I still wonder if they plan on pursuing SSN version of Husky or will they just skip it go with all SSGN fleet like USA did (Los Angeles and Virginia) That seems to be target approach given Yasen design.

    But as long as SSBN and SSGN numbers are stable then it's all pretty much okay. If gap shows up there there is no way to plug it with Kilos so they better keep eyes on the ball. Fortunately they seem to be doing it.
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    Re: Russian Nuclear Submarine Force: Discussion

    Post  franco on Mon Apr 16, 2018 11:13 pm

    PapaDragon wrote:
    franco wrote:
    Top figure is total, check individual fleets to see those submarines operational.
    http://russianships.info/eng/today/
    verkhoturye51 wrote:Minus first two Pacific fleet submarines - Podolsk and Sv. Georgiy Pobedonosets, as they were decomissioned last month.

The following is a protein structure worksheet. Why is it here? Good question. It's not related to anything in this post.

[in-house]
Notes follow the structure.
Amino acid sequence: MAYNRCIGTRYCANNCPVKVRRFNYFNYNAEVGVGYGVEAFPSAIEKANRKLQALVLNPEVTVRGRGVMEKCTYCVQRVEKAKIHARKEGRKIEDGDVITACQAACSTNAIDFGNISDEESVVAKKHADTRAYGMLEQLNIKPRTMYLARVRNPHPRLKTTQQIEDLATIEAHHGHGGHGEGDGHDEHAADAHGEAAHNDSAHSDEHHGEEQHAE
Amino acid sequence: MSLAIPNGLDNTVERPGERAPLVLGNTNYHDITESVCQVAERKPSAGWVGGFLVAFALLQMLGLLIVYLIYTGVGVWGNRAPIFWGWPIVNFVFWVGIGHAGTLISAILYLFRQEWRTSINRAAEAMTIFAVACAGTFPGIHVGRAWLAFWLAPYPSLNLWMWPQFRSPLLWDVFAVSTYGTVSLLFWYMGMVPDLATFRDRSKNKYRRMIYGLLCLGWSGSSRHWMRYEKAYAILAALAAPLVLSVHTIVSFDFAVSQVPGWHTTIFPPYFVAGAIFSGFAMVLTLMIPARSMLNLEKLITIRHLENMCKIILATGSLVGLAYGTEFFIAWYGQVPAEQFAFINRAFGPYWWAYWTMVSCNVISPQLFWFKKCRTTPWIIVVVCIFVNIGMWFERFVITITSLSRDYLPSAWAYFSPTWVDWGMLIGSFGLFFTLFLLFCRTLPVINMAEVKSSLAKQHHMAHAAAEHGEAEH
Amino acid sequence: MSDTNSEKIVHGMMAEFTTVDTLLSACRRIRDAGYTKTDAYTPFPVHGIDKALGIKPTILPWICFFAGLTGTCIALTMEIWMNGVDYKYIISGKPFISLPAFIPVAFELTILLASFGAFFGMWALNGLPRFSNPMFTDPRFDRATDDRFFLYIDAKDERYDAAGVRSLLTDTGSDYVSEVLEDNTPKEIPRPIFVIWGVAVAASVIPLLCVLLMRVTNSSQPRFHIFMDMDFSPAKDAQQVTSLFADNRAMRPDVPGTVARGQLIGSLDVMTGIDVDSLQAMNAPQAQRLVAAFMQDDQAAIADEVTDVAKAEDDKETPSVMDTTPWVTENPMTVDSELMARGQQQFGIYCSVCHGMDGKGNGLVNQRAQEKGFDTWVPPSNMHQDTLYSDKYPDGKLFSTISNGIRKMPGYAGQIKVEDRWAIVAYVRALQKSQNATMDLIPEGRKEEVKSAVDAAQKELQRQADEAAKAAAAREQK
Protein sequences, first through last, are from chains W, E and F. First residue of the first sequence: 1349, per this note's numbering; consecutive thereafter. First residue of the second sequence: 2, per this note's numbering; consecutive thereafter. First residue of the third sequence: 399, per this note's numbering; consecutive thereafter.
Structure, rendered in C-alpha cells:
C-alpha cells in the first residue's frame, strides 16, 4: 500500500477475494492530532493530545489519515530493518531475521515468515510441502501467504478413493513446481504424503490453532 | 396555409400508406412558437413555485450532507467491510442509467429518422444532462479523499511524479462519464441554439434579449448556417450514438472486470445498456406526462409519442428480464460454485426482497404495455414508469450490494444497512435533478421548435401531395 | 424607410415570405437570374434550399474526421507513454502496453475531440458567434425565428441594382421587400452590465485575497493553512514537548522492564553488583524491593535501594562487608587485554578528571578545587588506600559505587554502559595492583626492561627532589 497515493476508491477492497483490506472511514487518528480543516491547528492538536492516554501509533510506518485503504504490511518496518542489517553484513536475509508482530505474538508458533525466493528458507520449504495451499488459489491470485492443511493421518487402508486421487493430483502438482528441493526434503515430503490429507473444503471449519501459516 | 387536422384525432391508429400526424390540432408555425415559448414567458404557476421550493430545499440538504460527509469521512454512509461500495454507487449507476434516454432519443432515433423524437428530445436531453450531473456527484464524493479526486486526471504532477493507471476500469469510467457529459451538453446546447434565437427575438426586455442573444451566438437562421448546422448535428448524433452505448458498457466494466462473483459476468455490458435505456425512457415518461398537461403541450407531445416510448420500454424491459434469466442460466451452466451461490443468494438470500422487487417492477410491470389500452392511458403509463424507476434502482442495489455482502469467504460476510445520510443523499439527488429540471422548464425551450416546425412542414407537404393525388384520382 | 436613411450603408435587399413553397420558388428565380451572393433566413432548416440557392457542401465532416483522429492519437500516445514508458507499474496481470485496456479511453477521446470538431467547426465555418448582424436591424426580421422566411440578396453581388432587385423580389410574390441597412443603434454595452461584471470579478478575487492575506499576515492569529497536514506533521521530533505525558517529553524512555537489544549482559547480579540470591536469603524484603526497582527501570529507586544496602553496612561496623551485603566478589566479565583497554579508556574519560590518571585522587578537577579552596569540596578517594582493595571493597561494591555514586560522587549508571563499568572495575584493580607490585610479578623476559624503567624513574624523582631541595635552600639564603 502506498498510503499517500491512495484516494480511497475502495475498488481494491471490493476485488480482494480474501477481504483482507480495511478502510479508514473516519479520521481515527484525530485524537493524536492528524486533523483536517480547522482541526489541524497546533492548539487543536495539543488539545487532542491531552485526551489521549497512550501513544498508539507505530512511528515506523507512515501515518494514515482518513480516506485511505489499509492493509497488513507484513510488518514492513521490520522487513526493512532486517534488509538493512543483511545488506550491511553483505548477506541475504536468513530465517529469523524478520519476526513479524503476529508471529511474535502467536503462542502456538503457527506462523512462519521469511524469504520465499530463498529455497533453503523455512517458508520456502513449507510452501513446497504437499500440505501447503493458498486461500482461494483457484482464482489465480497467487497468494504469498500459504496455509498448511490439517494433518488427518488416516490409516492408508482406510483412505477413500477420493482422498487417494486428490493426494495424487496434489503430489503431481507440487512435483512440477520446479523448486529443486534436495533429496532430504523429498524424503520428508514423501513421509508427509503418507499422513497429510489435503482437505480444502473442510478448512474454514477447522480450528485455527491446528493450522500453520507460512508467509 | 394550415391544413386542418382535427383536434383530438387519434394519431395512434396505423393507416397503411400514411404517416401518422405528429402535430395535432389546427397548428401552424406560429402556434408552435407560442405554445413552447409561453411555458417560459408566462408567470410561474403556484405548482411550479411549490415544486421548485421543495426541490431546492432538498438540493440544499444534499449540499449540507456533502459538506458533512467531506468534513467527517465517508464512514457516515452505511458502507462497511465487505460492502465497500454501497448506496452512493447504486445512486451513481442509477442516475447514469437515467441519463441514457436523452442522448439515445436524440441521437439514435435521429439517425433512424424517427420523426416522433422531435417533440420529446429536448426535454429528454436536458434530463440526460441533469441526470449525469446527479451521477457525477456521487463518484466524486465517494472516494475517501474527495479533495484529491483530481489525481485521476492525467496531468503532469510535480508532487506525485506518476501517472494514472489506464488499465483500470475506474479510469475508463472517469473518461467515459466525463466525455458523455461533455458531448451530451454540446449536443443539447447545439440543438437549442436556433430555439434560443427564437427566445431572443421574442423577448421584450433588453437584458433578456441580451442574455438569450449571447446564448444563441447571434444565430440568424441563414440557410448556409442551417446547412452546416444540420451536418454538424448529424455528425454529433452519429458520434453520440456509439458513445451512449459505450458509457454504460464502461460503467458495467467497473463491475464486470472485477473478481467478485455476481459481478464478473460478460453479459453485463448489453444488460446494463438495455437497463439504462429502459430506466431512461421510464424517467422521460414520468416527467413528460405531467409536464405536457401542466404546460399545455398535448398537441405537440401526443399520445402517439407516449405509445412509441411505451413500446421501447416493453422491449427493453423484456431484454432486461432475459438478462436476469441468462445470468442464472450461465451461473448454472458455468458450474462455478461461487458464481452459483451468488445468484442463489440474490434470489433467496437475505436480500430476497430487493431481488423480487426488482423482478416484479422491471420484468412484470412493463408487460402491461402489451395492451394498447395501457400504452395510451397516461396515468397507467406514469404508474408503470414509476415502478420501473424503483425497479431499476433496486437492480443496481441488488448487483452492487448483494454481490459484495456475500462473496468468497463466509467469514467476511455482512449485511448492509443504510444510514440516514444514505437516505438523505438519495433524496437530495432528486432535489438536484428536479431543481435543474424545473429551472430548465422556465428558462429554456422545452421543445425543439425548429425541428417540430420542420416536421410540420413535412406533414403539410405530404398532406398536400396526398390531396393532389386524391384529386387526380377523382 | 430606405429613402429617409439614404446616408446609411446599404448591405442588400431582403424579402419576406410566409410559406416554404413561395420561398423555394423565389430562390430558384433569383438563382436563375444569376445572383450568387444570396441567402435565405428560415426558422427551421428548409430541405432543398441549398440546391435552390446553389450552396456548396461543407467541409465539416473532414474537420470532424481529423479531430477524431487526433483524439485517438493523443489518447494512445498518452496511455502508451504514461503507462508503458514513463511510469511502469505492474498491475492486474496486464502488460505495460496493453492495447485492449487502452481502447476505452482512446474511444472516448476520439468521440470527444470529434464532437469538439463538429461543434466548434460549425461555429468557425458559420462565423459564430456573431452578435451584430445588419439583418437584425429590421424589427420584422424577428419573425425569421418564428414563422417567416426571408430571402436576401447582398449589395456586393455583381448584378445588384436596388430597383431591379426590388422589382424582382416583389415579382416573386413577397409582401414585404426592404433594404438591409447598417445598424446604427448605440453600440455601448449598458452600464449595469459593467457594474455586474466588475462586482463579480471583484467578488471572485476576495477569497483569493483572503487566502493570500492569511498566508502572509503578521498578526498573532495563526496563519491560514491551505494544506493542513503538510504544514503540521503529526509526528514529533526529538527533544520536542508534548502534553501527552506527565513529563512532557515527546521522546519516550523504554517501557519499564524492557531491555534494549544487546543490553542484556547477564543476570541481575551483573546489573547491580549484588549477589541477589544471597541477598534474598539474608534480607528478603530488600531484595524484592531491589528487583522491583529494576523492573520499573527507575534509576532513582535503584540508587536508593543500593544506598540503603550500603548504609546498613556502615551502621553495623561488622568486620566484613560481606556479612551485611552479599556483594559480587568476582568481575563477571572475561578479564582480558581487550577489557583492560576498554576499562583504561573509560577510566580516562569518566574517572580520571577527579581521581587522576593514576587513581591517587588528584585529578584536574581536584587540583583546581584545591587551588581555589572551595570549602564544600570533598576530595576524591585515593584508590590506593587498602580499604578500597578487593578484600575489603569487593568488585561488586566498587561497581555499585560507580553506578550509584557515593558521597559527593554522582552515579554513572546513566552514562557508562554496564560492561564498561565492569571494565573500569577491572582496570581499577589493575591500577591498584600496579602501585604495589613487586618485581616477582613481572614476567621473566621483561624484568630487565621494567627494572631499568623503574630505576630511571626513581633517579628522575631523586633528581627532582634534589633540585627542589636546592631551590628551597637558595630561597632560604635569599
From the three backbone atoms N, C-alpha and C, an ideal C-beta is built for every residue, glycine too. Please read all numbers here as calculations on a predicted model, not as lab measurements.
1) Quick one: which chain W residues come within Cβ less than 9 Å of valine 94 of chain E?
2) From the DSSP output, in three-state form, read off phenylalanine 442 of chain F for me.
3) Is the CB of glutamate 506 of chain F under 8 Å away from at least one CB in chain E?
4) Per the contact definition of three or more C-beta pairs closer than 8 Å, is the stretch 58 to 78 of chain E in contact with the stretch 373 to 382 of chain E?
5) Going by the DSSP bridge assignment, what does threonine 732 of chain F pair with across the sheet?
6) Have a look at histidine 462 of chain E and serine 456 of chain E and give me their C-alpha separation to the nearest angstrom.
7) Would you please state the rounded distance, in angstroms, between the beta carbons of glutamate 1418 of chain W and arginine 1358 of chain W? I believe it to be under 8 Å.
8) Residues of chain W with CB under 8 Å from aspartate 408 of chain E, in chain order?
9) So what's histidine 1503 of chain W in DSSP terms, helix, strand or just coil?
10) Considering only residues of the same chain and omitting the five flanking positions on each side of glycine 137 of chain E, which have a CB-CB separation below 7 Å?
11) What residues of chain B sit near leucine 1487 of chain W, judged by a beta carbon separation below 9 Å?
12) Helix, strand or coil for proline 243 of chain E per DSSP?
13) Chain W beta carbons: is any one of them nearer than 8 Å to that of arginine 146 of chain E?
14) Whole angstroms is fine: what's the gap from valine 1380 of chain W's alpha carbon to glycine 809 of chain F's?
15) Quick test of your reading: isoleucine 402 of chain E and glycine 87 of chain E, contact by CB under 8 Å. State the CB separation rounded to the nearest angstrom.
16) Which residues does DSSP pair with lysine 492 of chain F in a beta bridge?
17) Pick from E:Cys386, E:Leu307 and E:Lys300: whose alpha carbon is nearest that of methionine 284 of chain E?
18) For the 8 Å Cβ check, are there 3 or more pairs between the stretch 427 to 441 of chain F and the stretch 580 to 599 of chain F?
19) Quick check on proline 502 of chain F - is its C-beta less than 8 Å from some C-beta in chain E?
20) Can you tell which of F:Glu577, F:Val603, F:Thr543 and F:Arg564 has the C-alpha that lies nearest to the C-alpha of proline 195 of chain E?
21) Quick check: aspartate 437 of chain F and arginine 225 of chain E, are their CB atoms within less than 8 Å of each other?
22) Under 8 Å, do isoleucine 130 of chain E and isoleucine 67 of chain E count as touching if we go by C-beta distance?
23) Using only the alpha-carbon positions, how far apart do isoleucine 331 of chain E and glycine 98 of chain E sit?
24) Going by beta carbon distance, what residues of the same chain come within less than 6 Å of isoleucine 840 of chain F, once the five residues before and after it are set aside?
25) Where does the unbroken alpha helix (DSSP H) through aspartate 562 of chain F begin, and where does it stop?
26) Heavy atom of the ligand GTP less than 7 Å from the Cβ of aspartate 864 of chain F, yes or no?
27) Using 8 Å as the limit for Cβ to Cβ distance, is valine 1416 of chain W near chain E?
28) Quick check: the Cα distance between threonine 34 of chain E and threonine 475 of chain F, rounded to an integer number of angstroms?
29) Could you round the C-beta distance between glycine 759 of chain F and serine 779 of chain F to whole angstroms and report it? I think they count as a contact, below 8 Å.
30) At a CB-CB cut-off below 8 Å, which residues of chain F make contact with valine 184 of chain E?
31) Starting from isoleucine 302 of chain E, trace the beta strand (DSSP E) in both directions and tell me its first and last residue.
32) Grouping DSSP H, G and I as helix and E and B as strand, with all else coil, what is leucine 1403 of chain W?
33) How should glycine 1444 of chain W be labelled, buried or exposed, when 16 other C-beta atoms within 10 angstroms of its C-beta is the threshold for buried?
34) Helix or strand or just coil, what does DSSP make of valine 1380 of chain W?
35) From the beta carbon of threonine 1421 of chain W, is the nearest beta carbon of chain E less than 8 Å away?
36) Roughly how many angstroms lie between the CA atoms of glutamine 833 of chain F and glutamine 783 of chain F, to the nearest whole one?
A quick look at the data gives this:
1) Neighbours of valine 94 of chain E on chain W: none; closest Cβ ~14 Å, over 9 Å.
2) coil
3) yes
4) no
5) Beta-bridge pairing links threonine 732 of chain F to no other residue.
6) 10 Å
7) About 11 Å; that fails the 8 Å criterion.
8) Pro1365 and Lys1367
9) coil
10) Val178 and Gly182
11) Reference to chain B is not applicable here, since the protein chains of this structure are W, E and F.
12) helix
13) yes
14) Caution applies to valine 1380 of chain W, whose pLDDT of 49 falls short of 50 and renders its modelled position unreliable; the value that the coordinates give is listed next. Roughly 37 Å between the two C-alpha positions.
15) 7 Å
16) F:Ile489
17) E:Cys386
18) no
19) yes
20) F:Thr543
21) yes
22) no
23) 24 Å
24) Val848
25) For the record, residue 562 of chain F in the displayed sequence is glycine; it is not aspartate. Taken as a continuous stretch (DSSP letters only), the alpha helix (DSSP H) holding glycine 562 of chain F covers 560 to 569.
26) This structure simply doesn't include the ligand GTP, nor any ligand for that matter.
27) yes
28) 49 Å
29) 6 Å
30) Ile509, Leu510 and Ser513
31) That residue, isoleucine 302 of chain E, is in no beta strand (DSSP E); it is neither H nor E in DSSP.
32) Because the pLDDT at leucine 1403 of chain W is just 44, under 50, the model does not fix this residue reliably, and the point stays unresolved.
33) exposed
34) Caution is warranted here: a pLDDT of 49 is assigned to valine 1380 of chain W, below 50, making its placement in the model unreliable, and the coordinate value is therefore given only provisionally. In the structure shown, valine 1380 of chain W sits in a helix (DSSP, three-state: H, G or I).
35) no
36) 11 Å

Okay so according to this website I am coming up with following numbers of nuclear submarines in use, correct me if I'm wrong:


    SSBN: 10 total (3 Borei-class + 7 Delta-class) 2 Deltas are in overhaul,  I am not counting last Typhoon-class since it's just there for testing

    SSGN: 9 total (8 Oscar-class + 1 Yasen-class) 2 Oscars are in overhaul but are not slated for decommission unlike Akulas

    SSN: 13 total (4 Sierra-class + 2 Victor-class + 7 Akula-class) I have no idea what exactly here is slated for repair and what for decommission so I'll just count ones in use now



    So in use at the moment:

    SSBN: 8 (+2 in overhaul)

    SSGN: 7 (+2 in overhaul)

    SSN: 13


    Is this right?

    I think that the 2 SSBN's that the tender for their demolition was announced last month are still active. The tender process was started while awaiting the arrivals of their replacements.
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    verkhoturye51

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    Re: Russian Nuclear Submarine Force: Discussion

    Post  verkhoturye51 on Mon Apr 16, 2018 11:23 pm